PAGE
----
Luke 3: 1 – 19 John the Baptist prepares the way
In the fifteenth year of the reign of Tiberias Caesar – when Pontius Pilate was governor of Judea, Herod tetrarch of Galilee, his brother Philip tetrarch of Iturea and Traconitis, and Lysanias tetrarch of Abilene – during the high-priesthood of Annas and Caiaphas, the word of God came to John son of Zechariah in the wilderness. He went into all the country around the Jordan, preaching a baptism of repentance for the forgiveness of sins. As it is written in the book of the words of Isaiah the prophet:
‘A voice of one calling in the wilderness, “Prepare the way for the Lord, make straight paths for him. Every valley shall be filled in, every mountain and hill made low. The crooked roads shall become straight, the rough ways smooth. And all people will see God’s salvation.”’
John said to the crowds coming out to be baptised by him, ‘You brood of vipers! Who warned you to flee from the coming wrath? Produce fruit in keeping with repentance. And do not begin to say to yourselves, ‘We have Abraham as our father.” For I tell you that out of these stones God can raise up children for Abraham. The axe has been laid to the root of the trees, and every tree that does not produce good fruit will be cut down and thrown into the fire.’
‘What should we do then?’ the crowd asked.
John answered, ‘Anyone who has two shirts should share with the one who has none, and anyone who has food should do the same.’
Even tax collectors came to be baptised. ‘Teacher,’ they asked, ‘what should we do?’
‘Don’t collect any more than you are required to,’ he told them.
Then some soldiers asked him, ’And what should we do?’
He replied, ‘Don’t extort money and don’t accuse people falsely – be content with your pay.’
The people were waiting expectantly and were all wondering in their hearts if John might possibly be the Messiah. John answered them all, I baptise you with water. But one who is more powerful than I will come, the straps of whose sandals I am not worthy to untie. He will baptise you with the Holy Spirit and with fire. His winnowing fork is in his hand to clear his threshing-floor and to gather up the wheat into his barn, but he will burn up the chaff with unquenchable fire.’ And with many other words John exhorted the people and proclaimed the good news to them.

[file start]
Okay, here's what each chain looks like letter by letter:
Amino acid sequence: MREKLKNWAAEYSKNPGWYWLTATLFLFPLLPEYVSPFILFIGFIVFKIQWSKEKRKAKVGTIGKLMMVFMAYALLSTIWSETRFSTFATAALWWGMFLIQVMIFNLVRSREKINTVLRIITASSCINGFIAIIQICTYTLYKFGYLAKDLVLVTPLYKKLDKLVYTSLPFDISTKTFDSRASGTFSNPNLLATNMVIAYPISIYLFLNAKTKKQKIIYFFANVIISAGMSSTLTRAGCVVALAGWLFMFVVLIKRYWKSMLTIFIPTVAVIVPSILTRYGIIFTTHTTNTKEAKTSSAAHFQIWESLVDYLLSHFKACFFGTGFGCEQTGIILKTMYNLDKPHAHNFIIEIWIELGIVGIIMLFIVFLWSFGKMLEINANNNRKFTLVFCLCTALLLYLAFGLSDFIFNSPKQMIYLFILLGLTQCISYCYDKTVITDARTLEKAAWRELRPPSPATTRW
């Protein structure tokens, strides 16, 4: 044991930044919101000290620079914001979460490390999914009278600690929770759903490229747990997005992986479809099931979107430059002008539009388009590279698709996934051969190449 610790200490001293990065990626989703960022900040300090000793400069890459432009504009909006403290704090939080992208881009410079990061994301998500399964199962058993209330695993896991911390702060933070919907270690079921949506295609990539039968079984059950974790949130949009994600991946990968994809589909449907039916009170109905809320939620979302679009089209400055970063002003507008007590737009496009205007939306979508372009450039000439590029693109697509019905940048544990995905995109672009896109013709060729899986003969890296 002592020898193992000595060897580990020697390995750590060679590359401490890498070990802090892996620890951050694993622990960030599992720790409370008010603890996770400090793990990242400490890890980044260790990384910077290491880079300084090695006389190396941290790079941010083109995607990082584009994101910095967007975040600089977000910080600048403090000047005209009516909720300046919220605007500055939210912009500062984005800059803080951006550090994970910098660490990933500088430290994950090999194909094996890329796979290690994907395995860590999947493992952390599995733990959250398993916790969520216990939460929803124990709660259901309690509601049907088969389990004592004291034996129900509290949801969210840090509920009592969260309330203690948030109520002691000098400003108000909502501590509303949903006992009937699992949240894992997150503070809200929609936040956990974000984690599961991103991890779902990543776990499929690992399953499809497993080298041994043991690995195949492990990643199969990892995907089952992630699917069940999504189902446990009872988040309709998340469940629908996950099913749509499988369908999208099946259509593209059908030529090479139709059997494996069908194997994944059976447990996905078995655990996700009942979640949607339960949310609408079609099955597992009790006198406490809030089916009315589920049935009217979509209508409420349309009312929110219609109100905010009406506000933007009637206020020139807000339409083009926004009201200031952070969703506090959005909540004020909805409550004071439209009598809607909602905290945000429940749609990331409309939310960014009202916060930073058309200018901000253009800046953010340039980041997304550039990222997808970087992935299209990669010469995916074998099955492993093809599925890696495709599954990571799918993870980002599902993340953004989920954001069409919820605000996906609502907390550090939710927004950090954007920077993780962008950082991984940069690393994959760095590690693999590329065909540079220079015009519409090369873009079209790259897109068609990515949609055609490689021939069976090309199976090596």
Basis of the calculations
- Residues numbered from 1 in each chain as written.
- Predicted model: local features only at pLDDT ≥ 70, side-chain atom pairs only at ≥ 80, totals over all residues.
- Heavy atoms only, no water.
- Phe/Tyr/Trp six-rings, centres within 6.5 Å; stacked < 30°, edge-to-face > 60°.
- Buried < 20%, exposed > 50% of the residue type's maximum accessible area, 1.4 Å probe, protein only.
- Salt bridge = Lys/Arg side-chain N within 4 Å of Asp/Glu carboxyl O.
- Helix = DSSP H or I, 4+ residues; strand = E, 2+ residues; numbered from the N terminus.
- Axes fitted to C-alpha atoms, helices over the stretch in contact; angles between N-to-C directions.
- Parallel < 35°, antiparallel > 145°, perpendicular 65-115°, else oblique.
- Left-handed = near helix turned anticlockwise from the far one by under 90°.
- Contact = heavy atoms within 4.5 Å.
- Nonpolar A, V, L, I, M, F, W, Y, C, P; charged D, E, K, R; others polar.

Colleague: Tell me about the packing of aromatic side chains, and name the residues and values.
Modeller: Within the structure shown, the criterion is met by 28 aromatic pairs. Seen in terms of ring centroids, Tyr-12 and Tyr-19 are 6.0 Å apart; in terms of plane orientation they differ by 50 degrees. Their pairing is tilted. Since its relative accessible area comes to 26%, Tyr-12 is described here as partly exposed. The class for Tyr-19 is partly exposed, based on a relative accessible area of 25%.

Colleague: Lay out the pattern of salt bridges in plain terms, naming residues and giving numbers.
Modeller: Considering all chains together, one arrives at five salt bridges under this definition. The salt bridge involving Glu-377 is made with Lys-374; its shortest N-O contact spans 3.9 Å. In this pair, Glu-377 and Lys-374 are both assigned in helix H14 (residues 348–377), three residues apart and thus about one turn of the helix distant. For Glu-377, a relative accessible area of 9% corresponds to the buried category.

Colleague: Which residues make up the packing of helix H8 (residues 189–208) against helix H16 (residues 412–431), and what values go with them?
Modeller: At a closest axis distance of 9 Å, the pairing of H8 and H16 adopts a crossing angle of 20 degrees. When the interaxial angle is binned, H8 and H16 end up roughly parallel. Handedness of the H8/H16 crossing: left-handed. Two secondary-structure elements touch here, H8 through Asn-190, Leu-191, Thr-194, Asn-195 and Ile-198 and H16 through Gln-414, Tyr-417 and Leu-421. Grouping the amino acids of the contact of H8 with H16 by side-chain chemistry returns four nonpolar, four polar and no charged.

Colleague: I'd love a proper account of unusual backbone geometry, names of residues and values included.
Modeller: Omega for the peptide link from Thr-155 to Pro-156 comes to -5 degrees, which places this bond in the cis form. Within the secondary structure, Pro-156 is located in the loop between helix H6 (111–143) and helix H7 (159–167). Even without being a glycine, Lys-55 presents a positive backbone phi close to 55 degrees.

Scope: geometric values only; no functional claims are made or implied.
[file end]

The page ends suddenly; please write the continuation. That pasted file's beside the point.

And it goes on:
But when John rebuked Herod the tetrarch because of his marriage to Herodias, his brother’s wife, and all the other evil things he had done, Herod added this to them all: he locked John up in prison.
* * *
Chapter 3 of St Luke’s gospel tells us of the ministry of John the Baptist, and how this leads into the ministry of Jesus. St Luke wants, therefore, to ground the time firmly in history, and he does this by mentioning seven prominent people of the period, five of them political, and two of them religious. There is solid historical evidence for all seven of them fulfilling the roles that St Luke says they occupied. Even with this evidence, though, we can’t be exactly sure of the date of John the Baptist’s ministry, because of ambiguity about the start of the period during which Tiberias was emperor. The reason is that Tiberias first reigned as co-regent with Augustus, beginning in 11/12 AD, and then ruled alone as emperor after Augustus’s death in 14 AD. The most likely date for the events that St Luke describes in this chapter is 27 – 29 AD.
A small point that I find interesting as a writer is that four of those St Luke chooses to mention subsequently play a part in the crucifixion of Jesus. Introducing details like this early in a narrative is called ‘foreshadowing’ and it adds to the credibility and impact when the climax of the narrative plays out.
John had spent many years in the wilderness, and now he was prompted by the Holy Spirit to preach a “baptism of repentance for the forgiveness of sins”. Such a baptism was known to the Jews, but was normally reserved for proselytes before they were allowed to become Jews. The Jews themselves, children of Abraham, dealt with sin by providing an animal to be sacrificed by the priests in the temple at Jerusalem.
But John’s baptism was specifically to the Jews. John’s ministry is paving the way for Jesus, and it’s doing so by declaring personal accountability for sin and by offering personal forgiveness through repentance and baptism.
The crowds who flocked to John were told, ‘And do not begin to say to yourselves, ‘We have Abraham as our father.” For I tell you that out of these stones God can raise up children for Abraham.’ John “went into all the country around the Jordan, preaching a baptism of repentance for the forgiveness of sins.”
Despite John’s ministry taking place in the wilderness, the people flocked to him. There must have been an authenticity about him that attracted them. And what did he say his hearers should do?
‘Anyone who has two shirts should share with the one who has none, and anyone who has food should do the same.’
‘Don’t collect any more than you are required to.’
‘Don’t extort money and don’t accuse people falsely – be content with your pay.’
In other words, share generously, deal fairly with people, and don’t use power to extort money.
And the same things apply in our own time.
The one I struggle with is sharing generously. I certainly have two shirts (and the rest!). I am aware of a world full of need and yet I don’t give to the limits of affordability. And the parable of the Good Samaritan teaches me that my giving should be based on the needs of those I could help. I need to work on this.
Thank you for the record of your interventions in history, and especially today for St Luke’s gospel. Thank you for your guidance as we read it. Please help me to give more generously.
In Jesus’ name, Amen